Margaret McLoughlin is experimenting with encaustic painting. This series of three encaustic paintings on board, are among her first explorations in this medium. You really need to see the texture of this paint to appreciate the character of it. In these works, hot wax coloured with pigments was applied to board in layers of colour and then scratched back. The technique is centuries old and had its origin with Greek shipbuilders, where the wax was used to fill cracks in their ships. When colour was added to the wax it was used to paint the surface of the waxed hull. Once those of an artistic persuasion got onto it…a new artistic painting medium was born.
Margaret lives and works at Yarra Glen, overlooking the Yarra Valley. Last year she participated in the Yarra Valley Open Studio’s Program. I was really drawn to her use of vibrant colour. She attributes some of her brave use of colour to the Fauves and to her early training… a Degree in Fine Arts from Witwatrsrand, Johanesburg, South Africa.
As is always the case, these reproductions don’t do the vibrancy of the colour justice. These two paintings (1972) represent the beginning of Margaret’s use of flat planes of colour. At this time, Margaret discovered a black and white photograph of her father and used it as the basis for the composition of this work.
Below, a black and white photograph of her aunt and uncle’s wedding became the basis for this composition.
If you’re a child of the 1950’s like me, the painting below will look very familiar. Margaret is very interested in creating a whole series of paintings of children from 1950’s photographs, such as this one.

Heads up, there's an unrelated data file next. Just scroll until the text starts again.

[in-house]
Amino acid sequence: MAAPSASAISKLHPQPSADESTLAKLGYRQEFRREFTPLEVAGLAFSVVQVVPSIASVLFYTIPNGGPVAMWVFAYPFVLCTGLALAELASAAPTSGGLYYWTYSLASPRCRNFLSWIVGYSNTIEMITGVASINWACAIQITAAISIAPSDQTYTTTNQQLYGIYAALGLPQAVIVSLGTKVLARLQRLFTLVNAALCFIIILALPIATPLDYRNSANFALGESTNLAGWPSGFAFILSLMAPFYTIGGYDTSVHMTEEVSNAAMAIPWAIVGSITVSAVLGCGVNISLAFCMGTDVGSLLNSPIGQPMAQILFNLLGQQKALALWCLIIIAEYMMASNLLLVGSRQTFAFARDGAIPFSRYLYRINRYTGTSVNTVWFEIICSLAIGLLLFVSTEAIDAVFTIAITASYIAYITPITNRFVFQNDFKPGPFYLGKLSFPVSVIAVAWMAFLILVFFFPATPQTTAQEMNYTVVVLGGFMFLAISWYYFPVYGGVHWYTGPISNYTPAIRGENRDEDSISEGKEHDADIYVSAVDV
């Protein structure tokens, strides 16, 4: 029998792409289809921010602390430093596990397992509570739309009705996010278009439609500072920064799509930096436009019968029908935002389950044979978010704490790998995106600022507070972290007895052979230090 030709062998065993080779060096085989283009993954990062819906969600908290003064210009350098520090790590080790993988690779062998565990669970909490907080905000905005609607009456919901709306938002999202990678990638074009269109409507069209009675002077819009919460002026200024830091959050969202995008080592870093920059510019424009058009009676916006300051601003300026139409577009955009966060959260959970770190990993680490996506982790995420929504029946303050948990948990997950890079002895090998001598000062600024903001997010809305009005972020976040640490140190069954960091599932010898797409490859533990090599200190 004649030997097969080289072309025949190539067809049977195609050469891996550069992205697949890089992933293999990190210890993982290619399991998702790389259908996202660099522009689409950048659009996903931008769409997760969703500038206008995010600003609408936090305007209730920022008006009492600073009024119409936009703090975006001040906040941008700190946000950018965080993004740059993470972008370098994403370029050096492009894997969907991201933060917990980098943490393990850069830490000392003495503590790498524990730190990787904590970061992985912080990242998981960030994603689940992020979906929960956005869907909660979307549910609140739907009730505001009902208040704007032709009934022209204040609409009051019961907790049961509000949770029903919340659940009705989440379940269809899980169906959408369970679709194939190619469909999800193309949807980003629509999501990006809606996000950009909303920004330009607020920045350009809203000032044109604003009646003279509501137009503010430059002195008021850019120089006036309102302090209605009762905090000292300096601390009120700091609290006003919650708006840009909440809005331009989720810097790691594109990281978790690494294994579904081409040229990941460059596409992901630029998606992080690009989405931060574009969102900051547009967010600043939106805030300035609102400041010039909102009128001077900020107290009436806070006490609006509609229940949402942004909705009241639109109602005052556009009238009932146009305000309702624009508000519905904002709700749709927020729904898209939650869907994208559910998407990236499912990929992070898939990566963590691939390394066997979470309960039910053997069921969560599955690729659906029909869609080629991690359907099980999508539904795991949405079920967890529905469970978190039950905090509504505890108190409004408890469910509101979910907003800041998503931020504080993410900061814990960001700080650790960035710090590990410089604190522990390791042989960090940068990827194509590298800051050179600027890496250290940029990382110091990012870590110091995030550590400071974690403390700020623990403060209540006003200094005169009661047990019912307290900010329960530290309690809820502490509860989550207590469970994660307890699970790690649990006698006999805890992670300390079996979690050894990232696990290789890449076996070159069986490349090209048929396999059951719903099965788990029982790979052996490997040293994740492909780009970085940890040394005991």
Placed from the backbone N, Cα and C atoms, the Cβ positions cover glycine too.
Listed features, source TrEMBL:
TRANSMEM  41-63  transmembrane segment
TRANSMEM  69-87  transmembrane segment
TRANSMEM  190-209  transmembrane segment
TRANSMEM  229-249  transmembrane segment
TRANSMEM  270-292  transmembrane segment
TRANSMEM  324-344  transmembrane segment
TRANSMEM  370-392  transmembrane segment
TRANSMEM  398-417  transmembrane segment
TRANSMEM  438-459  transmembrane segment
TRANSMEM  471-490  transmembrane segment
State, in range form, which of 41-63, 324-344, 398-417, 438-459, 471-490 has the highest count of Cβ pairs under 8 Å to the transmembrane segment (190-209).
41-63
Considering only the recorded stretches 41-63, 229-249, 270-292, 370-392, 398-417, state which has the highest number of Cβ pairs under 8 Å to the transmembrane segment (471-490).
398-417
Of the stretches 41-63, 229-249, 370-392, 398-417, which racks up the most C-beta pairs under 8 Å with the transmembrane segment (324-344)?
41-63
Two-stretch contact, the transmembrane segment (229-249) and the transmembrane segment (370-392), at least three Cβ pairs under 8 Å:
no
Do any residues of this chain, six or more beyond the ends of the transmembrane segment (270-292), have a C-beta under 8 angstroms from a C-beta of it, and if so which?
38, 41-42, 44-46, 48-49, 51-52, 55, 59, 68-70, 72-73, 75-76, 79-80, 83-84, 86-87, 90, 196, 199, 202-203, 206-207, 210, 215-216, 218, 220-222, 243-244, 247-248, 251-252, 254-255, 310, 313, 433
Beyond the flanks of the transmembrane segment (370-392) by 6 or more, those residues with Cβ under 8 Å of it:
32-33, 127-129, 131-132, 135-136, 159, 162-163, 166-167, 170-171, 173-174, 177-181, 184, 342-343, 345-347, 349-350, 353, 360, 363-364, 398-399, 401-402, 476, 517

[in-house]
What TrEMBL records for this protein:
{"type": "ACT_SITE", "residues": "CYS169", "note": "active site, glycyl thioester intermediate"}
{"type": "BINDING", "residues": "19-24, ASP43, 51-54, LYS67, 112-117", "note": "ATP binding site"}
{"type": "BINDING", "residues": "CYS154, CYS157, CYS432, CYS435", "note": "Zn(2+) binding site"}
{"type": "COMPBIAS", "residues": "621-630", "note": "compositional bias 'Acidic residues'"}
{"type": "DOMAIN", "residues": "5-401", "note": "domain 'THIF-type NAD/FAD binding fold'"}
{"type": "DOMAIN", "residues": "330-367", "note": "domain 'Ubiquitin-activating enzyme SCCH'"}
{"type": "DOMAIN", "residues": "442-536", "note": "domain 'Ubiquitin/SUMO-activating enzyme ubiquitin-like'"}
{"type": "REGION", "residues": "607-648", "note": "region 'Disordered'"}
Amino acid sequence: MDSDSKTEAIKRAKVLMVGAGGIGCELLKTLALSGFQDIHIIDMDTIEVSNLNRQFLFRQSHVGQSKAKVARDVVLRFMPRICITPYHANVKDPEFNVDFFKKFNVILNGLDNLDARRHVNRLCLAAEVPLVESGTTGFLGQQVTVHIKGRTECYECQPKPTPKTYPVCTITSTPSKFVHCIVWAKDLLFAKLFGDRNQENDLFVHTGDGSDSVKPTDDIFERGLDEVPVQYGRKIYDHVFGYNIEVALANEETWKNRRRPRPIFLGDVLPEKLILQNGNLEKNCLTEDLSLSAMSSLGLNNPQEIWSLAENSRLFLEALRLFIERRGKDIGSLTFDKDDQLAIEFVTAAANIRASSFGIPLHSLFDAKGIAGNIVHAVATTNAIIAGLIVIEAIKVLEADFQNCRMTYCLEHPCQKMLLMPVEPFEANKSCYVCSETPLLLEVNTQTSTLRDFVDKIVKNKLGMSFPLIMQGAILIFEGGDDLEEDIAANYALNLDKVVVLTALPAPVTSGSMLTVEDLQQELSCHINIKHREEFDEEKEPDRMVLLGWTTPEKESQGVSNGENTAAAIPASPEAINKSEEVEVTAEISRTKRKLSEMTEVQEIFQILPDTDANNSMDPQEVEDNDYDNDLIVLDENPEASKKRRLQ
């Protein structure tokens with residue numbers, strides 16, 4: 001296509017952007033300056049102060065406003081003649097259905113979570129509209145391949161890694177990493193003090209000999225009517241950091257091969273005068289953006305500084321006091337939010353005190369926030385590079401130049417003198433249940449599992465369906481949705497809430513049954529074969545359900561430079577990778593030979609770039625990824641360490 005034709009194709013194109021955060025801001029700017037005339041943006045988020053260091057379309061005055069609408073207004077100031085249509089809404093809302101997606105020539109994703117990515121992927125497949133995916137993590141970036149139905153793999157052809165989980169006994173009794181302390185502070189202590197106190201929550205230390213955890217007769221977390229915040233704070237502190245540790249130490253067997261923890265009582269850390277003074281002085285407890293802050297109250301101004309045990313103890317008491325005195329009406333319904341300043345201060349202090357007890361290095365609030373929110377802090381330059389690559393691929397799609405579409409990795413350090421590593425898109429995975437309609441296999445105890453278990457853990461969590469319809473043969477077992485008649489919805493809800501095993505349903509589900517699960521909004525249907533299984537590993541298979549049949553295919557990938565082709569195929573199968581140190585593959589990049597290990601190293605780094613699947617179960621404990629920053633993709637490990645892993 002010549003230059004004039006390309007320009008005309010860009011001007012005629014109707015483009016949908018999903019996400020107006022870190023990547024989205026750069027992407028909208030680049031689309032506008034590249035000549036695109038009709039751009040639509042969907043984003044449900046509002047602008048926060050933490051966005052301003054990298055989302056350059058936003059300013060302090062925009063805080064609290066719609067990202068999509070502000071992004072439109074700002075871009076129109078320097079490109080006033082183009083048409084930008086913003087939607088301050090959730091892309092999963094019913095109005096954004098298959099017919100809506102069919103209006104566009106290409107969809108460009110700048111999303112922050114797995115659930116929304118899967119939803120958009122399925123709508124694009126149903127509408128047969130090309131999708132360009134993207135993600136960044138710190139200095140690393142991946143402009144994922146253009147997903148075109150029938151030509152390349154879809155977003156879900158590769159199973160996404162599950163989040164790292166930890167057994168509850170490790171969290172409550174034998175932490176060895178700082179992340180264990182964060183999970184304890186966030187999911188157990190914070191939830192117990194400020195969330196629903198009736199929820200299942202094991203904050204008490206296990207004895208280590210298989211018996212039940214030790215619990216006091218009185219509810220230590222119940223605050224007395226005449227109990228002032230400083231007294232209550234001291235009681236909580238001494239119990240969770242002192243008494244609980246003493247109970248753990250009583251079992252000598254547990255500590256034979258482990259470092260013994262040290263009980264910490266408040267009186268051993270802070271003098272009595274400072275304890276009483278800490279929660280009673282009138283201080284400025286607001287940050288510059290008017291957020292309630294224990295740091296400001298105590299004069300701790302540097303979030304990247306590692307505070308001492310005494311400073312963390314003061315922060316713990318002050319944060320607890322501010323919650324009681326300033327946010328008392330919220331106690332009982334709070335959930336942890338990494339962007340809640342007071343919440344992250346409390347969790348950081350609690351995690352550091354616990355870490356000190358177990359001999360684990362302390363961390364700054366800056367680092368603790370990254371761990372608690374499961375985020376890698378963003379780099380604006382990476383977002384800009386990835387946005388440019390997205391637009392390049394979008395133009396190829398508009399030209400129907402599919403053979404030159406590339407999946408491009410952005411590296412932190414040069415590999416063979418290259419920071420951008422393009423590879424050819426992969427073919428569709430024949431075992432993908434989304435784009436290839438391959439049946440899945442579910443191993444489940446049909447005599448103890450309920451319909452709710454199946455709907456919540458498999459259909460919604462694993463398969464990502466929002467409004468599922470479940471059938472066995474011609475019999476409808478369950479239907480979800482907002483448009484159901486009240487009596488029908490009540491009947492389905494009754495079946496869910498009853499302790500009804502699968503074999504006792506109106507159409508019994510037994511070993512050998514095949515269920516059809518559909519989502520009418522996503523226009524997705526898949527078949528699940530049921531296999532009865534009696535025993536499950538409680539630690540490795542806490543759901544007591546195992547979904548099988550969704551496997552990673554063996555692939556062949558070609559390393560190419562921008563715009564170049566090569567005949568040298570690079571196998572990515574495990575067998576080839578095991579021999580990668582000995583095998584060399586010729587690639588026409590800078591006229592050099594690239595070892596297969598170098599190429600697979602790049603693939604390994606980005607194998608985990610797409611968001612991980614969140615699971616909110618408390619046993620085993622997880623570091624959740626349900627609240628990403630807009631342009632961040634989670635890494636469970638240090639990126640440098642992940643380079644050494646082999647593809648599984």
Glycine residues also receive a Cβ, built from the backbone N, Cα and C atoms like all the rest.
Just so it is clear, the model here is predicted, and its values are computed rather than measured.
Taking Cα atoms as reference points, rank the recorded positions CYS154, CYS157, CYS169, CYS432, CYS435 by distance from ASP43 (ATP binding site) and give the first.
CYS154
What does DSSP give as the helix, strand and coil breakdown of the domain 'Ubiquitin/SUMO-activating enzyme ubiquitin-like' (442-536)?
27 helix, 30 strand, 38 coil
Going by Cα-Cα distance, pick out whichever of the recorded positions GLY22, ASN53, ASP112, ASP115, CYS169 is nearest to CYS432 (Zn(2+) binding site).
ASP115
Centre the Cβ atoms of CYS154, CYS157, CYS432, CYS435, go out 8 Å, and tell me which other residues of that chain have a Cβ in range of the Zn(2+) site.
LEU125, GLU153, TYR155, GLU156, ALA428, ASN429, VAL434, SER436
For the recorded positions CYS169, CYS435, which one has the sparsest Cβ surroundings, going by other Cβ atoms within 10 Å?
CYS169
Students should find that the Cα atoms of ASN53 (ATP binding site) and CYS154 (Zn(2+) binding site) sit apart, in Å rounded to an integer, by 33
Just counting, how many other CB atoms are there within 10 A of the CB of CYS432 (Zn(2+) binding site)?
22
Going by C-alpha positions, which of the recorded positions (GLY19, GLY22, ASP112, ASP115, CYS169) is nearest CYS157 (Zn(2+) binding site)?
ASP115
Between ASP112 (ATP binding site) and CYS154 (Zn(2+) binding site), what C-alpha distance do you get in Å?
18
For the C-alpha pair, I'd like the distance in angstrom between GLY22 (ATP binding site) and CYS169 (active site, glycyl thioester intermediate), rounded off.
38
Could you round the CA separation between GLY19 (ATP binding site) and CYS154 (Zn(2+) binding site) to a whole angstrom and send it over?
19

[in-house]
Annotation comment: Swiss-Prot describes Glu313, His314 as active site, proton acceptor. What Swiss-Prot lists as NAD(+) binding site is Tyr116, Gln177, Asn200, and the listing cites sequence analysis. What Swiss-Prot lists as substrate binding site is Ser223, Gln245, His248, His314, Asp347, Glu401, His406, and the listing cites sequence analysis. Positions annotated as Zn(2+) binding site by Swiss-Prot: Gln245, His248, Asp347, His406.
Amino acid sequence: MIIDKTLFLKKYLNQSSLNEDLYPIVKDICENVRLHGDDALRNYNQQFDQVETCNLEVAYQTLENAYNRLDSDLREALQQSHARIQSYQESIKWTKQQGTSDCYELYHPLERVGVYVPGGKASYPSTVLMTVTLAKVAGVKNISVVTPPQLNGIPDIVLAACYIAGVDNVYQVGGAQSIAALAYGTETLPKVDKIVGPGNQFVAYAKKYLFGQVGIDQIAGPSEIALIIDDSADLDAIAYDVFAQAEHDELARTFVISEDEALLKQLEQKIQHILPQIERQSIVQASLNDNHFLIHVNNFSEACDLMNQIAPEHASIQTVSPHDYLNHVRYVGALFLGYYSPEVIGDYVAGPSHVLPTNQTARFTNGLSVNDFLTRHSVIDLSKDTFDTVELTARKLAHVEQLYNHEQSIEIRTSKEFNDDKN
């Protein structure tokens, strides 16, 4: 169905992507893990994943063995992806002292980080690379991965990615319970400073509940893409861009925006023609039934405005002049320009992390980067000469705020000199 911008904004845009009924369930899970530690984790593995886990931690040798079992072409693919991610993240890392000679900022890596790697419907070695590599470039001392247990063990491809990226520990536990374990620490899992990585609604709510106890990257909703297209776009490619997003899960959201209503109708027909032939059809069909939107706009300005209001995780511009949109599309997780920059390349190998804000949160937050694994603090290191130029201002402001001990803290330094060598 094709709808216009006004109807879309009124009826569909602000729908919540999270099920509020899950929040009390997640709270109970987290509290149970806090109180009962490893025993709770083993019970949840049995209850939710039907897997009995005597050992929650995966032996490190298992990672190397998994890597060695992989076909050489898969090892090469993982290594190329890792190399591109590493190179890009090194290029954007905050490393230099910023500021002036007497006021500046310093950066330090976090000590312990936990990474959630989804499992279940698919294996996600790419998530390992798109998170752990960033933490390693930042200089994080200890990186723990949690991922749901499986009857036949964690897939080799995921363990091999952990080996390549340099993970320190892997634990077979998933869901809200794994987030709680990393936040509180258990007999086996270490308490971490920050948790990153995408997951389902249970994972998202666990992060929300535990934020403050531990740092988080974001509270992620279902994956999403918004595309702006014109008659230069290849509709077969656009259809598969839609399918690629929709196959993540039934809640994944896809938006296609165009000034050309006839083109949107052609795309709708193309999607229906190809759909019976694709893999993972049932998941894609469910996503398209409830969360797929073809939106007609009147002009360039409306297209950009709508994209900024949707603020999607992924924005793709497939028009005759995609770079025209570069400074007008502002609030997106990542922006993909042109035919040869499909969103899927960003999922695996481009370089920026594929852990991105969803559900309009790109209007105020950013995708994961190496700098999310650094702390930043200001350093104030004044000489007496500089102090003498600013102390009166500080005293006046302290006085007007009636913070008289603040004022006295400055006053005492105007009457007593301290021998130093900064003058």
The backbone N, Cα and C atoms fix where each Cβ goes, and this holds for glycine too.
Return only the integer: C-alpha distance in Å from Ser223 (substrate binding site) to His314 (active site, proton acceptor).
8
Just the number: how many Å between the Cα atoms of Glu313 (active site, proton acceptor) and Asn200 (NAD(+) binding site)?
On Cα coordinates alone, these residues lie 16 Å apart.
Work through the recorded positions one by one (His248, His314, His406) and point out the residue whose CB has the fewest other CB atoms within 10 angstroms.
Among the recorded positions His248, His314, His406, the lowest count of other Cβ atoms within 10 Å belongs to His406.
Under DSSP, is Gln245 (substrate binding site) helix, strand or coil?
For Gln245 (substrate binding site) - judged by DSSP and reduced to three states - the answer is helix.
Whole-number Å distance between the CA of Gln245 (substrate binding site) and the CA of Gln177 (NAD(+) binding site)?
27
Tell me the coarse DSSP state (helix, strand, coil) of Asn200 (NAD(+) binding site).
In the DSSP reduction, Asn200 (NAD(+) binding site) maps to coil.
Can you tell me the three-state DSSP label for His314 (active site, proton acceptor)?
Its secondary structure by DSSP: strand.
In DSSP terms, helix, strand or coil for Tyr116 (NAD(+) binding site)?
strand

Since 2007 Margaret has concentrated on landscapes. Each one tells a story of her beloved Yarra Valley. Looking at the view from her studio, I could clearly see where she gets her inspiration. Margaret’s recent exhibition of these works completely sold out.
The lure of her surrounding environment is just as strong in the print medium.
In her spare time (I’m joking, Margaret is a woman who doesn’t know about spare time) Margaret makes the most exquisite silk hand painted scarves. Her South African heritage is evident in the boarders and patterns while this scarf borrows it’s motif from the Australian bush in the shape of the waratah. These scarves are collectors items.
Amongst her busy life, Margaret manages to work voluntarily at Tarrawarra Museum of Art. During July, while the Archibald Prize is being exhibited there, she will work full time providing guided tours for art lovers.
These felt brooches have been especially made by Margaret to reflect the colours of this year’s Archibald Prize winning portrait of Margaret Ollie by Ben Quilty. The brooches will be available at the Tarrawarra Museum of Art gift shop over the period of the exhibition.
In their infinite wisdom, the Yarra Ranges Council have organized an exhibition called ‘Not the Archies‘ to coincide with the Archibald at Tarrawarra. Local Yarra Valley artists were invited to paint local characters. These paintings will be exhibited in shops and other venues around the Yarra Valley in July. I’ve had a little sneak preview of Margaret’s two entries. I’ll follow up with pics when the exhibition opens. I think the whole idea is a winner!